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But the benefits of fasting aren’t limited to the body. Many religions have used fasting as a way to improve people’s spiritual lives and inner peace. And many workers have found their lives to be more focused and less distracted when they aren’t constantly eating.
Fasting has been part of every human culture and religion since time immemorial and is generally recognized by the medical establishment as being safe. There have even been yearlong fasts (doctor-supervised, of course) that were not damaging in any way!
But there are certain conditions that people should always check in with their doctors before attempting fasts of any kind:
The most basic form of fasting involves nothing more than an early dinner or a late breakfast, which may be nothing to you at all. As you attempt longer fasts, your relationship with food will be challenged. You’ll have to be mindful in assessing whether the feelings you’re experiencing are actual hunger, thirst, or a need for fulfillment.
When you practice intermittent fasting, there are no limits as to what type of foods you can eat, and you can eat as much or as little as you need to during your eating window. (Active people usually have to eat more, and sedentary people are advised not to overeat on any fasting protocol.)
That said, most people tend to eat fewer calories while fasting as a lifestyle.
What’s the best fasting method? That depends on your current state of health, your activity levels, and your calorie needs. Make sure to consult your doctor to see which one is right for you.
Studies show that calorie restriction is one of the most reliable ways to lose weight and keep it off, and that’s true whether you cut portions daily or fast weekly.
Fasting also primes your metabolism to burn fat for fuel, which gives you energy and focus without the daily carb cravings.
Last but not least, fasting improves insulin sensitivity – this helps you lose weight in several ways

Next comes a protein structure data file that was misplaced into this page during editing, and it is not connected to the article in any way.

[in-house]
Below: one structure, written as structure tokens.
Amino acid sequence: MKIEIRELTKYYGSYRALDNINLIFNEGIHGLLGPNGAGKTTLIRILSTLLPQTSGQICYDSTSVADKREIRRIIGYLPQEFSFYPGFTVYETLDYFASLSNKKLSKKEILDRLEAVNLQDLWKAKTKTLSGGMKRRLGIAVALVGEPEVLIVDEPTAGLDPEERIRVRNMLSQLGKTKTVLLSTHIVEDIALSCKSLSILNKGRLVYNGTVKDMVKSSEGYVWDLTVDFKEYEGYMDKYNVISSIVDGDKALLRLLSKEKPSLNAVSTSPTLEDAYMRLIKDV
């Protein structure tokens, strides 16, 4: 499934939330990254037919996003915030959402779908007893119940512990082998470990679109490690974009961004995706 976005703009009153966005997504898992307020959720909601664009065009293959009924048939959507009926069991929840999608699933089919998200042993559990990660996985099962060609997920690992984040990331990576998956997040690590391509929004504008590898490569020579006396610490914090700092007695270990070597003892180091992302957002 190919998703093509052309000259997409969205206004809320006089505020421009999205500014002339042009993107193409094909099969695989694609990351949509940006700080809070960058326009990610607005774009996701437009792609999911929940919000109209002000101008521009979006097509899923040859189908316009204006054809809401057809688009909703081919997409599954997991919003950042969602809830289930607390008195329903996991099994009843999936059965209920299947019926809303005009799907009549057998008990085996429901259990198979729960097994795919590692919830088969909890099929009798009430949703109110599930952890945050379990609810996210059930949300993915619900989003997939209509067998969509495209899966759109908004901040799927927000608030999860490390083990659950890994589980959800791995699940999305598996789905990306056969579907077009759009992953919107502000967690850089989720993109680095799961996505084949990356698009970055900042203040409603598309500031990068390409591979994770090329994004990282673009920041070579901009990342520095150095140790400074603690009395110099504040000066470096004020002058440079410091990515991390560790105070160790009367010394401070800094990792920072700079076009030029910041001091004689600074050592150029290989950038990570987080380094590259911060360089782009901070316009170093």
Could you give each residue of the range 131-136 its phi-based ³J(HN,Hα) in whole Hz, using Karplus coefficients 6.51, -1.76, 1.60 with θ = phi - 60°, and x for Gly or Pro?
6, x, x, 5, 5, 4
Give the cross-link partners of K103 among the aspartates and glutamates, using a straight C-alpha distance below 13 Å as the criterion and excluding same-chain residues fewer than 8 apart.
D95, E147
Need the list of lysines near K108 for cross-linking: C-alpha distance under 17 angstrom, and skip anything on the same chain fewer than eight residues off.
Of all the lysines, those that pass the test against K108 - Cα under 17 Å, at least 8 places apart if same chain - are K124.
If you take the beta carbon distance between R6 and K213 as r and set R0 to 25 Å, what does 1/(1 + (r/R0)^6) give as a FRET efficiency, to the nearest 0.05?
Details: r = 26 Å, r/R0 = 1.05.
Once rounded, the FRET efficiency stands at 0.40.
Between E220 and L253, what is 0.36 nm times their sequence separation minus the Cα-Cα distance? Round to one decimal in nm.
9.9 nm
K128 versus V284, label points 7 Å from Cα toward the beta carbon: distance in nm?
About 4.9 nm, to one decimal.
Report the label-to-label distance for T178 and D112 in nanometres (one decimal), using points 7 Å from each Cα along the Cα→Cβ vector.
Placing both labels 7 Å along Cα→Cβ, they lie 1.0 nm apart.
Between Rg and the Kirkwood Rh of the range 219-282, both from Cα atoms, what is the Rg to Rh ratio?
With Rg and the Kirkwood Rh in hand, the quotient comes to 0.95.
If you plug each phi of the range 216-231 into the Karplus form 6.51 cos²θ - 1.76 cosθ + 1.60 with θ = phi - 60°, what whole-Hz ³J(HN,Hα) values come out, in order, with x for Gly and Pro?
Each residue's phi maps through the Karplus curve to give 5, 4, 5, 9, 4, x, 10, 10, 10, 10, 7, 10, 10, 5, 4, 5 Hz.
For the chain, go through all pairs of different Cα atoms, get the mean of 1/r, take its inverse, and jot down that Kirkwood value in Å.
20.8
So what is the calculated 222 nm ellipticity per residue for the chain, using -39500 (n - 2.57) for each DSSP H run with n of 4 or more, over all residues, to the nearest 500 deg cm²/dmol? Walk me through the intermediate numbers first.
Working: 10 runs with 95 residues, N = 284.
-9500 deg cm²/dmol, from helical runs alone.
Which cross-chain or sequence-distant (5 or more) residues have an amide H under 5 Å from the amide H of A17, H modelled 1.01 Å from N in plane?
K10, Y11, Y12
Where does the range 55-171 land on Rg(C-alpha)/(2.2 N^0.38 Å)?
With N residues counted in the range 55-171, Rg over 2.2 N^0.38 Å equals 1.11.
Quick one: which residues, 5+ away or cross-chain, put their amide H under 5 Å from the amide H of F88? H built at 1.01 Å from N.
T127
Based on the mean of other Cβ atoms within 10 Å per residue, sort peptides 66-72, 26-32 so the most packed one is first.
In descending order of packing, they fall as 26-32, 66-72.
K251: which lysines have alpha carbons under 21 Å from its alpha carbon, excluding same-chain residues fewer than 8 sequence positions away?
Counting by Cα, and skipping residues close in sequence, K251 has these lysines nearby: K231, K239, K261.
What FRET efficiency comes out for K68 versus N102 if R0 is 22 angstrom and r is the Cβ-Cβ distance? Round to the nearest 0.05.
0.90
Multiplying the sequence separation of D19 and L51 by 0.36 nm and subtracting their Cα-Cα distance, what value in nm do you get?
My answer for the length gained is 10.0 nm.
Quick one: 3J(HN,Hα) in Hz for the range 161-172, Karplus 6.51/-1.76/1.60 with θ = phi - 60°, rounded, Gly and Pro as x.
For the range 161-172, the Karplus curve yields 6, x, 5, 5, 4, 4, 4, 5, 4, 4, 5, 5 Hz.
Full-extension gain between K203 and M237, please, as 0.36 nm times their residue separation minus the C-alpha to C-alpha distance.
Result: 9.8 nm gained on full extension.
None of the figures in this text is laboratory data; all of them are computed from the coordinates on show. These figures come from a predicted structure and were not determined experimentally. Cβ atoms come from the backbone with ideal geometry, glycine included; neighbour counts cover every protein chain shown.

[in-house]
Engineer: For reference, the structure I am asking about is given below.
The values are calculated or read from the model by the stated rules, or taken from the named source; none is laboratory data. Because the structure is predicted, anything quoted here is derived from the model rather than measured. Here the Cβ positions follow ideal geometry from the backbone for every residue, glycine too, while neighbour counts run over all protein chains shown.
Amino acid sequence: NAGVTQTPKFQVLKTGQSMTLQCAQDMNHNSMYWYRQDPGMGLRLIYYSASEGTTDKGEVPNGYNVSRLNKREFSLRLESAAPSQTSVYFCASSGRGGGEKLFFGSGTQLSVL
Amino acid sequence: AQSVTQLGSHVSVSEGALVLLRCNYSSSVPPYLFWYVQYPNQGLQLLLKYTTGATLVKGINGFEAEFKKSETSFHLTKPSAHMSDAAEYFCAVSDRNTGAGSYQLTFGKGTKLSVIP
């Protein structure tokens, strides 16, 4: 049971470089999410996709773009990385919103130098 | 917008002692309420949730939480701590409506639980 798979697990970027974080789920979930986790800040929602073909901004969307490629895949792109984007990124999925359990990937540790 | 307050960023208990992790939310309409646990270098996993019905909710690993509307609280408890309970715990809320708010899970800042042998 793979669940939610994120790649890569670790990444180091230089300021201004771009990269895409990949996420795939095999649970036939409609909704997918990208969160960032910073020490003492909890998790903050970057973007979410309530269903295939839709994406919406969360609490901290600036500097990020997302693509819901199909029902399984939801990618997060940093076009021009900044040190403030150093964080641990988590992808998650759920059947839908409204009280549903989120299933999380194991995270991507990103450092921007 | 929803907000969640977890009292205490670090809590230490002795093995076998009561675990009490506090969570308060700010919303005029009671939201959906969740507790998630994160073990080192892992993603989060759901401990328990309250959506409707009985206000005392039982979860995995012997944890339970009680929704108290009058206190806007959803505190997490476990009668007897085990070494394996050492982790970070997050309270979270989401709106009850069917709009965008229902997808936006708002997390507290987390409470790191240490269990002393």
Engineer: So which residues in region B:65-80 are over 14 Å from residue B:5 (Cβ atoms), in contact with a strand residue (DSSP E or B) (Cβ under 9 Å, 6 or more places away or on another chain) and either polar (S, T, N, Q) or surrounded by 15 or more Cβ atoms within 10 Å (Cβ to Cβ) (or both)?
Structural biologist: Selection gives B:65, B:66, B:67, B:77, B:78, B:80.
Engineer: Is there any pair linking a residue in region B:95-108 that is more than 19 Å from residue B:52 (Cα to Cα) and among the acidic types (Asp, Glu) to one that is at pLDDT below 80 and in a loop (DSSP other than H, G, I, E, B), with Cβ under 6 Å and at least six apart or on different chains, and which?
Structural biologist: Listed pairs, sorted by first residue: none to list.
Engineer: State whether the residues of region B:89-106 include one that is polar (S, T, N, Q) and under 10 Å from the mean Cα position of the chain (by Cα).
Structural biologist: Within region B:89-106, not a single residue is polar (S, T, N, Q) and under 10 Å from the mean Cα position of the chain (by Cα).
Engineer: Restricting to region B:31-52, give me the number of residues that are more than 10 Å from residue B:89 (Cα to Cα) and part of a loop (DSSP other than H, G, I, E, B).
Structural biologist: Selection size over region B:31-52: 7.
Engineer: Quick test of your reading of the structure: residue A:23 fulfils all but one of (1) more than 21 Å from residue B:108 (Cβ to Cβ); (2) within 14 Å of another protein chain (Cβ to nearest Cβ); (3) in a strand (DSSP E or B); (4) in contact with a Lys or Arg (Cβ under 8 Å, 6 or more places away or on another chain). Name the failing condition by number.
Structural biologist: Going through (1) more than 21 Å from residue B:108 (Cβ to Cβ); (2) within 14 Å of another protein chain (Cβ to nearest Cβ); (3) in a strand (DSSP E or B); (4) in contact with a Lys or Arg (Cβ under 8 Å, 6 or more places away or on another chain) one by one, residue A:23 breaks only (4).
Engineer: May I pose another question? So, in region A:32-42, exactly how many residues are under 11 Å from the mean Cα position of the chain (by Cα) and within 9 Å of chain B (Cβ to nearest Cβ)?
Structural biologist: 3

Though fasting does have potential dangers, these risks are mostly limited to people who are sick, undernourished, and who have eating disorders. (Remember, we all practice some level of fasting every time we sleep or go without food!) Read on to find out what risks are possible when fasting:
You should always consult your doctor before making major dietary or lifestyle change. But you can (and should!) practice intermittent fasting for as long as you feel good doing so. Doctors are approaching IF not as a short term dietary intervention, but as a long-term way of life
But even during shorter fasts or intermittent fasts, your body is being conditioned to use fat for fuel (ketones) when you don’t have access to carbs and other sources of energy – especially when you exercise.
Whether you try intermittent fasting, 24-hour fasts, or prolonged fasts, the science is overwhelmingly in favor of most fasting practices. Research indicates that fasting improves:
Many of the benefits of fasting come from the cellular clean-up process known as autophagy. Science shows that this process reduces inflammation, increases immunity, and is even important for fighting cancer.
David Perlmutter, author of ‘Brain Maker’: “Fasting is baked into our evolution and our physiology and it can yield benefits to our brains and bodies, at a biochemical level, that we’re only just beginning to understand.”
Dr. Peter Osborne, author of ‘No Grain, No Pain’: “It’s of the cheapest and easiest health tools you can access. Fasting has been shown to be beneficial for a variety of different diseases and health problems including rheumatic diseases, chronic pain syndromes, hypertension, and metabolic syndrome, obesity, cancer, digestive disorders, and more.
Dr. Rhonda Patrick, Ph.D. health researcher: “Most people who practice fasting report feeling energized and more alert at the end of their fast, which may represent a “resetting” of their body’s natural metabolic rhythms.”